It is also the case that the reported authorities all deal with promises that relate to land or an interest in land. It can relate to land which Farmer A will acquire in future, but it appears (under the doctrine of proprietary estoppel, at least) to be unclear whether a claim arises where the promise relates to some other type of property (say, money or shares in a company). This is an aspect of the doctrine that is ripe for further judicial comment and development.
There have been cases where the promise related to land which both parties believed, mistakenly, belonged to the promisor, when in fact the land belonged to another. Unfortunately for the person who relies on a promise in that context, it is almost certain that their claim to an interest in that land would fail.
Second requirement – (reasonable) reliance on the promise
B must be able to show that he actually relied on the promise by Farmer A. If, for example, B had already taken a particular decision before the promise was made by Farmer A, then it would be extremely difficult (if not impossible) for B to argue that he relied on the promise by Farmer A when he made that decision. It may also be the case that the decision would have been the same whether or not he received the promise, as the decision benefitted B in other ways.
The promise need not necessarily be the only factor which influenced the decision by B to do (or not do) something, although again there is some uncertainty in the authorities as to whether it must be shown that, “but for” the promise by Farmer A, B would not have made that particular decision.
It is therefore essential that the promise must have been believed by B. If B did not believe that Farmer A would really leave him his land by his Will, then it cannot be said by B that he relied on the promise.
Third requirement – B suffers detriment
This is perhaps the easiest part of the concept to grasp and also the most important element of a claim. If B has suffered no detriment, then the court will not prevent Farmer A from reneging on his promise.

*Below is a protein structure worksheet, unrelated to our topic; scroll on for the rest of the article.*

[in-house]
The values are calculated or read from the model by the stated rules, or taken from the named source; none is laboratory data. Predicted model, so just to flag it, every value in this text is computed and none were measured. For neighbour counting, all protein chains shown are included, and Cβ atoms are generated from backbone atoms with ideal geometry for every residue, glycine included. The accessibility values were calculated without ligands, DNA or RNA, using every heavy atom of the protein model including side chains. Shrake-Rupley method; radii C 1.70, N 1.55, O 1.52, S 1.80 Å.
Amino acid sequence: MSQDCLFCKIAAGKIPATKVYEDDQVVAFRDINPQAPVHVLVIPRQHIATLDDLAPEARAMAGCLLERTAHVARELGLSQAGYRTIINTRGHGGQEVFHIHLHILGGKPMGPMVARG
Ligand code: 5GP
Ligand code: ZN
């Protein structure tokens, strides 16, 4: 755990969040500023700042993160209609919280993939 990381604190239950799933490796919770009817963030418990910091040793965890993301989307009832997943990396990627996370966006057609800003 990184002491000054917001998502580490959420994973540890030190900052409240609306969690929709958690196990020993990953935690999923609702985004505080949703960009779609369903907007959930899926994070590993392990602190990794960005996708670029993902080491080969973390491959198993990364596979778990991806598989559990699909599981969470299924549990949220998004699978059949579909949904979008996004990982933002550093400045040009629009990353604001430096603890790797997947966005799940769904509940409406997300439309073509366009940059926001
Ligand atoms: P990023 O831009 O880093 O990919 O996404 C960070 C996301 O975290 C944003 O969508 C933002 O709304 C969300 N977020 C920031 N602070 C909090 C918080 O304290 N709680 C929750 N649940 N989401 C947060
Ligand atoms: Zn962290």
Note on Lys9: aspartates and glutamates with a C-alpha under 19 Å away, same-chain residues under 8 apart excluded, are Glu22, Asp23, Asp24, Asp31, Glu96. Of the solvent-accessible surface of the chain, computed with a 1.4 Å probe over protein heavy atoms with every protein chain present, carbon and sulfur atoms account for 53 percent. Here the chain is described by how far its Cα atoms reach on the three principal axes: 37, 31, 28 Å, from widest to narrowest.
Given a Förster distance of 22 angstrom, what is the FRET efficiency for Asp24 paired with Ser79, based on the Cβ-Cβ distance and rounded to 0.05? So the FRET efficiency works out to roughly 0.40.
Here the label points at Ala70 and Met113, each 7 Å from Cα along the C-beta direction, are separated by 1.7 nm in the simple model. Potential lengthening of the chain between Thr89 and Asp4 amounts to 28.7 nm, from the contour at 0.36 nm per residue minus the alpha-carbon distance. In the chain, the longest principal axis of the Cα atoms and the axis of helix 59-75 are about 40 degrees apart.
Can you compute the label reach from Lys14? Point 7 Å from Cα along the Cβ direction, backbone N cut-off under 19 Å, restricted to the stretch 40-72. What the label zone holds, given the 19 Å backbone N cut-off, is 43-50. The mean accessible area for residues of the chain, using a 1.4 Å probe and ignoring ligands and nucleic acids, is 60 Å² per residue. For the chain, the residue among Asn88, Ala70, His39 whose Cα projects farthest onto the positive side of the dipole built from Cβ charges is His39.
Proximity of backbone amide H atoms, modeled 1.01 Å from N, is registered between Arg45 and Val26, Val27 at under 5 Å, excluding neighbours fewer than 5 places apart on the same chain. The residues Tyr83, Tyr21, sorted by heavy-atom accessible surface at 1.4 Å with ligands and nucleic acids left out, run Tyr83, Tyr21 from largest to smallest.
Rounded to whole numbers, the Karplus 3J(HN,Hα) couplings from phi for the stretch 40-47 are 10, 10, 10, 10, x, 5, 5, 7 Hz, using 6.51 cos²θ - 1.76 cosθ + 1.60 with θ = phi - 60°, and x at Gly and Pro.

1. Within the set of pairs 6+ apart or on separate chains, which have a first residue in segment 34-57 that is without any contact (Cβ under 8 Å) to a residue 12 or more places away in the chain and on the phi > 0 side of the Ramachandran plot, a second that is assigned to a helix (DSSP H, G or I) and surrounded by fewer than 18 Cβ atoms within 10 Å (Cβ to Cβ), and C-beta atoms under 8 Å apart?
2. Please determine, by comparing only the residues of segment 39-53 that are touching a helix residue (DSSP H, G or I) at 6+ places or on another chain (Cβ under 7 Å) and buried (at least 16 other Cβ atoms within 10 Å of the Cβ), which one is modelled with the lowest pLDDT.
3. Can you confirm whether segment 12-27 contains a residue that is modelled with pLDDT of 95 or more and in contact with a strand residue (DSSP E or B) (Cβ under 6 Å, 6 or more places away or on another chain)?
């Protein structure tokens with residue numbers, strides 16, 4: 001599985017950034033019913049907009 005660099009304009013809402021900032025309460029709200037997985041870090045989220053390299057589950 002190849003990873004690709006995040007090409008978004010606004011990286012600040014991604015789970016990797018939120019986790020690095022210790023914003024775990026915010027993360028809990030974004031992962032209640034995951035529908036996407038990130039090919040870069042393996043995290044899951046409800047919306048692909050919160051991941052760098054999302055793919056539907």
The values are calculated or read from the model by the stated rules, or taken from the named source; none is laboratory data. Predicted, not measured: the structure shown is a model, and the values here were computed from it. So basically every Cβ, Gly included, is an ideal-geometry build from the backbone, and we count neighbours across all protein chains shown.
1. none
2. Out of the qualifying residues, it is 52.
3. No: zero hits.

In establishing that there is detriment, the courts have been open to accepting that various changes of position other than simply suffering some financial loss can amount to detriment, provided the detriment is substantial. The detriment is assessed by the court at the time that Farmer A seeks to renege on his promise to B.
What does a successful claimant receive?
The court has a wide discretion as to the order it will make in favour of B, if the three requirements are satisfied. This means that it is very difficult to assess whether a claim by B (in terms of the costs risk that such litigation entails) will be worth the potential reward. If there was a relatively clear promise made that, if B did X, then Farmer A would give land to B (and the land is valuable), then this sets a clear bar for what B can expect to receive, if he is successful. Unfortunately, in practice, the facts and merits are rarely that clear. Strategically, a claimant will often try to combine a claim based on proprietary estoppel with other claims such as constructive trust or a claim under the Inheritance (Provision for Family and Dependants) Act 1975, if they are eligible to do so.
Mark Lindley represented the successful defendants in the estoppel claim Murphy v Rayner & ors ( EWHC (Ch) 1). He is representing, with Andrea Zavos, the trustee defendants in the matter of Fielden v Christie-Miller & Ors ( EWHC 87 (Ch),  EWHC 752 (Ch)), which includes a novel claim based on proprietary estoppel against the trustees of a discretionary settlement.